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Delivering a speech at the plenary session of the Parliament of Georgia on 14 November 2013, the MP from the United National Movement, Vakhtang Lemonjava, discussed the 2014 state budget and stated:  “The budget saw a growth of 261 million lari but, unfortunately, this is not a real growth. Budget revenues are, in fact, decreasing by 42.7 million lari

and the growth was achieved due to a loan in the amount of 1,132 million.”

FactCheck

set out to verify the accuracy of these indicated facts and checked the MP’s allegations regarding the delusive growth of the state budget.

As the MP made the given statement on 14 November, his assertions are based upon the second version of the 2014 draft budget and so our further analysis will revolve around the same document.

Table1 lemo

As gathered from the table shown above, according to the 2014 draft state budget, budget receipts amounted to GEL 8,661,800 thousand while in the plan of 2013 the same indicator is at GEL 8,425,500 thousand. These indices clearly demonstrate a growth of 236 million in the budget of 2014 which is 25 million less than the 261 million named by the MP.

The data given in the table also shows that the budget revenues are projected to amount to GEL 7,379,800 thousand in 2014 while the plan of 2013 sets the same indicator at 7,422,500. Consequently, a decrease of 42.7 million is observed in the state budget revenues of 2014. The size of the decrease is equivalent to the figure indicated by the MP.

The indices also demonstrate that the draft budget of 2014 forecasts the government debt to grow by GEL 1,132 million. This number has been correctly indicated by the deputy as well. It is also to be noted that out of the total GEL 1,132 million, GEL 732 million comes from the external debt while GEL 400 million represents the domestic debt.

Table 2

lemo1

As can be gathered from the table, revenues were characterised by the tendency of an increase starting from 2004 with the only exception being the year 2009 (the aftermath of the Georgian-Russian war).

As seen in Table 1, the growth by 236 million in the revenues of the 2014 state budget was primarily prompted by the rise in government bills, that is to say, by additional government debt. In 2013 the government took a loan of GEL 868 million. The draft budget of 2014 (second version) projects an increase of GEL 264 million in the government debt, expanding the debt to a total of GEL 1,132 million. The growth of GEL 236 million in the state budget was caused precisely by this additional loan of GEL 264 million. It can be said, then, that the state budget is growing not due to economic growth but as a result of government loans.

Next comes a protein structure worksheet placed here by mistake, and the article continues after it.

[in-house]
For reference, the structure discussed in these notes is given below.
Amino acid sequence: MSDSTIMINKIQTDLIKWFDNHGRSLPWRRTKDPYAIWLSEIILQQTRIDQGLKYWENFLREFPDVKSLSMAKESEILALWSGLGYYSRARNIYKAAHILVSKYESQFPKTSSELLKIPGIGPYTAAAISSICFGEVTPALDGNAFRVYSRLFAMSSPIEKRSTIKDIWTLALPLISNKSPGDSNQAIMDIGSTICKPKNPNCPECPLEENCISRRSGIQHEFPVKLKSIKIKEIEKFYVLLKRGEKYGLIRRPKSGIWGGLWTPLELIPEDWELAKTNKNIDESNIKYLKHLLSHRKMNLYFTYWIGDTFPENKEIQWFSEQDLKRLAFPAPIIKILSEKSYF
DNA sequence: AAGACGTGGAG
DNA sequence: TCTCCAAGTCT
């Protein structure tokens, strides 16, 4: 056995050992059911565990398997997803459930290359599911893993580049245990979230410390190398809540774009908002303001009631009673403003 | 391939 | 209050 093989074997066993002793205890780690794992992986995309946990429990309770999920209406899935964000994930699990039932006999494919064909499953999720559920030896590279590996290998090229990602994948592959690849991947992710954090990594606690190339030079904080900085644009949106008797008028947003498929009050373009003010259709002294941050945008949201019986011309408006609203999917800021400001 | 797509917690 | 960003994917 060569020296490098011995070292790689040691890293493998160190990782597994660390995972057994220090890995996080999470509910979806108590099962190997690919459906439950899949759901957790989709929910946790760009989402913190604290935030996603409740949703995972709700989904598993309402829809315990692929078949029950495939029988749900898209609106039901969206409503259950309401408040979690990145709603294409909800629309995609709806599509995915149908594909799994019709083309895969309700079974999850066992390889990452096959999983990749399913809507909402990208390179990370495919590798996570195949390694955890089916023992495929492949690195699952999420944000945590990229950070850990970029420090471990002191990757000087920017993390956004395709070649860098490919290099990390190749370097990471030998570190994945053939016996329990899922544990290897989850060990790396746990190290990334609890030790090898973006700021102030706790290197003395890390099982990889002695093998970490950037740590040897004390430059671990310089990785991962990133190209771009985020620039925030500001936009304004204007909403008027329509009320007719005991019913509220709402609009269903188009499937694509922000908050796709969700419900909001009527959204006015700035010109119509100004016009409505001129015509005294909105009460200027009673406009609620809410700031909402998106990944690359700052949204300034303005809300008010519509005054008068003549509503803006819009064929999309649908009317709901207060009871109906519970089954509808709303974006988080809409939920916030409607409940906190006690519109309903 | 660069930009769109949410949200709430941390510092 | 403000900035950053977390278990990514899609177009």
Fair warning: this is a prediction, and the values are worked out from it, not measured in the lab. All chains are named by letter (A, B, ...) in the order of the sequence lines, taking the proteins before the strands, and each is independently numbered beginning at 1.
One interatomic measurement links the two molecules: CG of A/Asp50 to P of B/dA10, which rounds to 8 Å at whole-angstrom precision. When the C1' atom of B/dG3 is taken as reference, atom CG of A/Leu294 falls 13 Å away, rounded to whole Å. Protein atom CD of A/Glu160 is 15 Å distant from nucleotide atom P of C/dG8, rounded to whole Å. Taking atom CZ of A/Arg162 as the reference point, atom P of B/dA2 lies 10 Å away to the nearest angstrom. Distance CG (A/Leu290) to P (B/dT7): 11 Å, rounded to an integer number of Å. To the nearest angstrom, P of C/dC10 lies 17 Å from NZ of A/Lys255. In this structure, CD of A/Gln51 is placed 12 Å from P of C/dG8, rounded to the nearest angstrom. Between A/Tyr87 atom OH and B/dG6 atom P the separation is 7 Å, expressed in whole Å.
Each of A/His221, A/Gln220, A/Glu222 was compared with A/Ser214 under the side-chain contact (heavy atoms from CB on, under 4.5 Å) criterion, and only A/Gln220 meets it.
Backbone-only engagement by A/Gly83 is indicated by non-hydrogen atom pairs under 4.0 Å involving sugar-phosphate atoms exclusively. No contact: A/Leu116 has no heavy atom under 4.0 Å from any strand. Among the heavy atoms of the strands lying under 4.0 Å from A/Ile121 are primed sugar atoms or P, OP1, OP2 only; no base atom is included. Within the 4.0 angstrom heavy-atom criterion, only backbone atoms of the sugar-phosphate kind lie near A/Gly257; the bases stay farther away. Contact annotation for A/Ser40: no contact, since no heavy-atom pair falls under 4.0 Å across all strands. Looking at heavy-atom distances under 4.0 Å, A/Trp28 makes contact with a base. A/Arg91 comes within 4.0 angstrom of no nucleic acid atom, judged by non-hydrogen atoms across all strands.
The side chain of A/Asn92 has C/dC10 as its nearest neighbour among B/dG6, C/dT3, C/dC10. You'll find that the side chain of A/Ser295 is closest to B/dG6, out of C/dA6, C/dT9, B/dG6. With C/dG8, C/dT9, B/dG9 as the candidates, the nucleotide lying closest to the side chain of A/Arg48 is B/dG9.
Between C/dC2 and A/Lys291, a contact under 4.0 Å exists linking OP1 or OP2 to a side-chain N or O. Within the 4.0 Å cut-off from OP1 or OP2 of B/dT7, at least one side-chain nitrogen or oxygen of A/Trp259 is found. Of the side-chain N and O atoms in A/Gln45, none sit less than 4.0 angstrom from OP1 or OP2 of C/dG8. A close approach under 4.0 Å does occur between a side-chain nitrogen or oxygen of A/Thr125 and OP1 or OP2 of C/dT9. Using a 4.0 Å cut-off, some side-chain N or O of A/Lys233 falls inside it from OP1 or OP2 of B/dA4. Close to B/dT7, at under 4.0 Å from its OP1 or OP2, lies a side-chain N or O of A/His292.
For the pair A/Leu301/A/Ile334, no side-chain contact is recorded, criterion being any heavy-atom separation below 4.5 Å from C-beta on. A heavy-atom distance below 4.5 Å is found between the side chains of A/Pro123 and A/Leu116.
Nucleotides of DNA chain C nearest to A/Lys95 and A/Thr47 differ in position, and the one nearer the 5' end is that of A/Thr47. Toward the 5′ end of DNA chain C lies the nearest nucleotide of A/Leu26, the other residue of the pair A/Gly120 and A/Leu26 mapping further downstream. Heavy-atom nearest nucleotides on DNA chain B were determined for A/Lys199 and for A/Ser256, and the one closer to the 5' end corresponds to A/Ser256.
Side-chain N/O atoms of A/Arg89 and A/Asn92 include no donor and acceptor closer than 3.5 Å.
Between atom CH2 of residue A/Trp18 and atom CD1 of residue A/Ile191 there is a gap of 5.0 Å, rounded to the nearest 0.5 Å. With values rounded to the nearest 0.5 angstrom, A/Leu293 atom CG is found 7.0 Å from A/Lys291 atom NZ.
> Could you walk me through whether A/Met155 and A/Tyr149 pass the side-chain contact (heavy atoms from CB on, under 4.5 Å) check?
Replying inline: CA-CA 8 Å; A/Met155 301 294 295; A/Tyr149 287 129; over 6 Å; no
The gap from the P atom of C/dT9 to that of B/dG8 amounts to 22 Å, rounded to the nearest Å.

The third and final version of the 2014 draft budget is also not to be overlooked in our analysis. The document defines the receipts of 2014 to amount to GEL 9,105 million instead of GEL 8,662 million as forecast in the second version. This figure surpasses the same indicator of 2013 by GEL 680 million. In line with the third version of the document, the budget revenues measure up to GEL 7,319 million which fall behind the indicator projected for 2013 by GEL 104 million. As for the government bills of 2014, instead of GEL 1,132 million, the document places the indicator at GEL 1,636 million which exceeds the figure for 2013 by GEL 768 million. Accordingly, pursuant to the final version of the budget, the growth of 680 million in the 2014 state budget is the result of the GEL 768 million loan taken by the government. This finding once again confirms the allegation of loans being the primary cause for the budget growth.

Conclusion

According to MP Vakhtang Lemonjava, the growth observed in the budget of 2014 was delusive as it was not caused by economic growth. Our research established that in 2014 (pursuant to the second version of the draft budget) the state budget is projected to grow by 236 million. The budget revenues are to decrease by GEL 42.7 million. This decrease gains in importance in light of the fact that budget revenues have been characterised by a tendency of an increase ever since 2004 (exclusive of 2009 due to the impact of the Georgian-Russian war). We also found that the rise in budget receipts was mainly caused by the increase in government bills and, therefore, it follows that the budget is expanding owing to additional loans and not economic growth.

Consequently, we conclude that Vakhtang Lemonjava’s statement: “The budget saw a growth of 261 million lari but, unfortunately, this is not a real growth. Budget revenues are, in fact, decreasing by 42.7 million lari and the growth was achieved due to a loan in the amount of 1,132 million,” is TRUE.